This song was originally written by John Cale, former Velvet Underground bassist (and rock-influenced avant-garde composer in his own right).

Like many other Bauhaus pieces, `Rosegarden' deals with the ultimate banality of loveless sex (which is perhaps a large part of the reason they chose this piece of Cale's). In this respect, one can see the heavy influence of Eliot's The Waste Land. `Rosegarden' can be tied in other ways to the works of Eliot. For example, from Eliot's `Ash-Wednesday':

Rose of memory
Rose of forgetfulness
Exhausted and life-giving
Worried reposeful
The single Rose
Is now the Garden
Where all loves end
Terminate torment
Of love unsatisfied
The greater torment
Of love satisfied
. . .
Grace to the Mother
For the Garden
Where all love ends.
And from `Burnt Norton':
Footfalls echo in the memory
Down the passage which we did not take
Towards the door we never opened
Into the rose-garden.
Here, and in `The Hollow Men', we see the rose as a symbol for God. Only in God (who in His infinite glory is both Rose and Garden) can `all loves end'. This includes, of course, not just romantic love, but also the loveless love of sex. Thus `Virgin Mary' (modern Christian society, in its decline) views the `whores' (actually us, modern Western culture in general, in particular the unsaved) as producing a mindless `scream of chatter'; this is the philosophical posturing in defense of the `enlightened' values of the sexual revolution. This posturing is, to Virgin Mary, senseless because it ignores the Truth of God.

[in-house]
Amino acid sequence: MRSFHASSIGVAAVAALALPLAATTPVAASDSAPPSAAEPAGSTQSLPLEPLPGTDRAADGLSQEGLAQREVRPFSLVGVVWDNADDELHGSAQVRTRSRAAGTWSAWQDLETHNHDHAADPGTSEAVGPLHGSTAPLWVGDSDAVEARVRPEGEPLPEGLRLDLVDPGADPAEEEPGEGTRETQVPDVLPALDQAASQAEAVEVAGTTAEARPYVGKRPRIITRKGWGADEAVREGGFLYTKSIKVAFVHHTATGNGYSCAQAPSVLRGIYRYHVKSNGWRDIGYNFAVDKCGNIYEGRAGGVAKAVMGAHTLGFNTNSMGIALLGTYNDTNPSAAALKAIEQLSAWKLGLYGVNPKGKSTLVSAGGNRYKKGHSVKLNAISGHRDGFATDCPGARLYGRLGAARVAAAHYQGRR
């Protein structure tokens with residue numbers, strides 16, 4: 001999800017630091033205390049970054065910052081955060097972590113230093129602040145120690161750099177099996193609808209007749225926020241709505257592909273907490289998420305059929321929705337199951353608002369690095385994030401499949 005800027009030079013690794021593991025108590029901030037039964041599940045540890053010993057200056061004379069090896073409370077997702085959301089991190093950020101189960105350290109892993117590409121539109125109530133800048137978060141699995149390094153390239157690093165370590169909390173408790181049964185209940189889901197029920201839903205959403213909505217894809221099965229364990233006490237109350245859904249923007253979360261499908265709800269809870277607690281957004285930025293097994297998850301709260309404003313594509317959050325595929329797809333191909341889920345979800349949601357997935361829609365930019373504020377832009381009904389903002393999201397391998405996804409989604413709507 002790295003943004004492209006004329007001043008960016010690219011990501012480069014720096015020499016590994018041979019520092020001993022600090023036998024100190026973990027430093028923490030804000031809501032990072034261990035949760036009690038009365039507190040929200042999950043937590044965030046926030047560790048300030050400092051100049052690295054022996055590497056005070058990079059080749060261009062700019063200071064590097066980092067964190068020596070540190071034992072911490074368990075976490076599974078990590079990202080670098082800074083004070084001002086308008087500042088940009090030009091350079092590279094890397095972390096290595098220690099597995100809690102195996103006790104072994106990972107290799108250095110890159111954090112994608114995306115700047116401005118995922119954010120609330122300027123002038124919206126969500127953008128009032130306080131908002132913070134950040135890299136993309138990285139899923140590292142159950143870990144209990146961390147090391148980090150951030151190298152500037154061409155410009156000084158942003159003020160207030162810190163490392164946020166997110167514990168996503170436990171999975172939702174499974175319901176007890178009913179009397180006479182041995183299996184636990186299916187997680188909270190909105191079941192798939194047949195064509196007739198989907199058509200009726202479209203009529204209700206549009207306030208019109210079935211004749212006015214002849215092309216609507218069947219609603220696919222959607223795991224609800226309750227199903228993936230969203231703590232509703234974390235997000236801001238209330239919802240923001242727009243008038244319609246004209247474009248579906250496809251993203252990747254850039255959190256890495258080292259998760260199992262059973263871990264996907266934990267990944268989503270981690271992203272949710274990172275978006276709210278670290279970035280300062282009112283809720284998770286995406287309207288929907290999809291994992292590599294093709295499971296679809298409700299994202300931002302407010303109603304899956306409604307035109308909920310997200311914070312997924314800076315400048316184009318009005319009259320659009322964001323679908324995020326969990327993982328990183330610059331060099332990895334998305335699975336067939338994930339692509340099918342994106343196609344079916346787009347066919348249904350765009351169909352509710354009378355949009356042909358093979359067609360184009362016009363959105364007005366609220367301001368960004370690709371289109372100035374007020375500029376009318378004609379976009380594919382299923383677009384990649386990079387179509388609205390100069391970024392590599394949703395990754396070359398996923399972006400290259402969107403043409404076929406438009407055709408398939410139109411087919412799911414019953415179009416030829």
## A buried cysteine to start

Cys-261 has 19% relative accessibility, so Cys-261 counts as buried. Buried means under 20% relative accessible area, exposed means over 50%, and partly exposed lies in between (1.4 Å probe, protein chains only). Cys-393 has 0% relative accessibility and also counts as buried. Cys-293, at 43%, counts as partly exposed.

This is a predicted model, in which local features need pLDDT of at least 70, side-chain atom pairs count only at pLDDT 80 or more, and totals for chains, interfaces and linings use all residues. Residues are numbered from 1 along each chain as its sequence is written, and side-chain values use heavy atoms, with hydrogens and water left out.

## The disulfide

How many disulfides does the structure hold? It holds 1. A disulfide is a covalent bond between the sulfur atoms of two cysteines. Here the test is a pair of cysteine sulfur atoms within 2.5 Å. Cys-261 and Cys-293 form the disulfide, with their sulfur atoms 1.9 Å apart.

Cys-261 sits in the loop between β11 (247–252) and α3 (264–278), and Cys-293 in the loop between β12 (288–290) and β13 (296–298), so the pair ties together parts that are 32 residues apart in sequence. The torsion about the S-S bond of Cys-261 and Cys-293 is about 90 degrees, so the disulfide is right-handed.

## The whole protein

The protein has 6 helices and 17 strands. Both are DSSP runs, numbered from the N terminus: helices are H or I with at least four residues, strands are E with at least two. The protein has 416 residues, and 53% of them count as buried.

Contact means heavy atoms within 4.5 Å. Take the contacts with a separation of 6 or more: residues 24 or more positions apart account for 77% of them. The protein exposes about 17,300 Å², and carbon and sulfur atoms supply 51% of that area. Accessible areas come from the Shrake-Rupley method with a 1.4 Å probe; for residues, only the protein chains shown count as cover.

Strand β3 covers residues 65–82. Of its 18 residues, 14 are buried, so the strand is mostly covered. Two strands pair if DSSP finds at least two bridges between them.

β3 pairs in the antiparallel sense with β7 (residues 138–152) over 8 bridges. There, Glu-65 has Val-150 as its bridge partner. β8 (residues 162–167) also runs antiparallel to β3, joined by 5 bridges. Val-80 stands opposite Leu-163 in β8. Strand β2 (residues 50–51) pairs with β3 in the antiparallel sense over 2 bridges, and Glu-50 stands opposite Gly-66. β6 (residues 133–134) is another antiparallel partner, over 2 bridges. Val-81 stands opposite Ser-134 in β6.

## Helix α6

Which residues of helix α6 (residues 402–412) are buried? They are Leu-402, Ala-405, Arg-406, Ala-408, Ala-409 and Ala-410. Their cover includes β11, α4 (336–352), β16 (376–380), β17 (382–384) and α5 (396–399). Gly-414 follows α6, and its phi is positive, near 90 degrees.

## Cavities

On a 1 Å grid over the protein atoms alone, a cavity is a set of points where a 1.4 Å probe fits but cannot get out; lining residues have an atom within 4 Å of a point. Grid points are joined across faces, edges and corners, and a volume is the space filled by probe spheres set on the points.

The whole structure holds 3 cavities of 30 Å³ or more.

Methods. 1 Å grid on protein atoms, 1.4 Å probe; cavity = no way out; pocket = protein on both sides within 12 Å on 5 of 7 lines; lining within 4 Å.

The Rosegarden, from which Virgin Mary hears the whores, is the afterlife, or at least a state of grace. Thus it is a `funeral', and one is nearer to the Rose that is God (note also the connection this makes between Paracelsus's secret name of the rose and the cabalistic search for the true name of God). The `sores', as could be expected, are the stigmata of Christ (see also Bauhaus's `Stigmata Martyr'). Only through these sores and the suffering of Christ can we, as Virgin Mary has done, transcend the meaningless sexuality of this world.

Even in Grace, one can still see and experience those who have been left behind to revel in their orgiastic stupor. Thus Virgin Mary is tired of, and even irritated by, their relentless ``gossip and complaints''. What she does not realise is that it is her job as one of the saved to lead the whores towards the Truth. And this is what Cale and Bauhaus are attempting, if only unconsciously, to do with this work.

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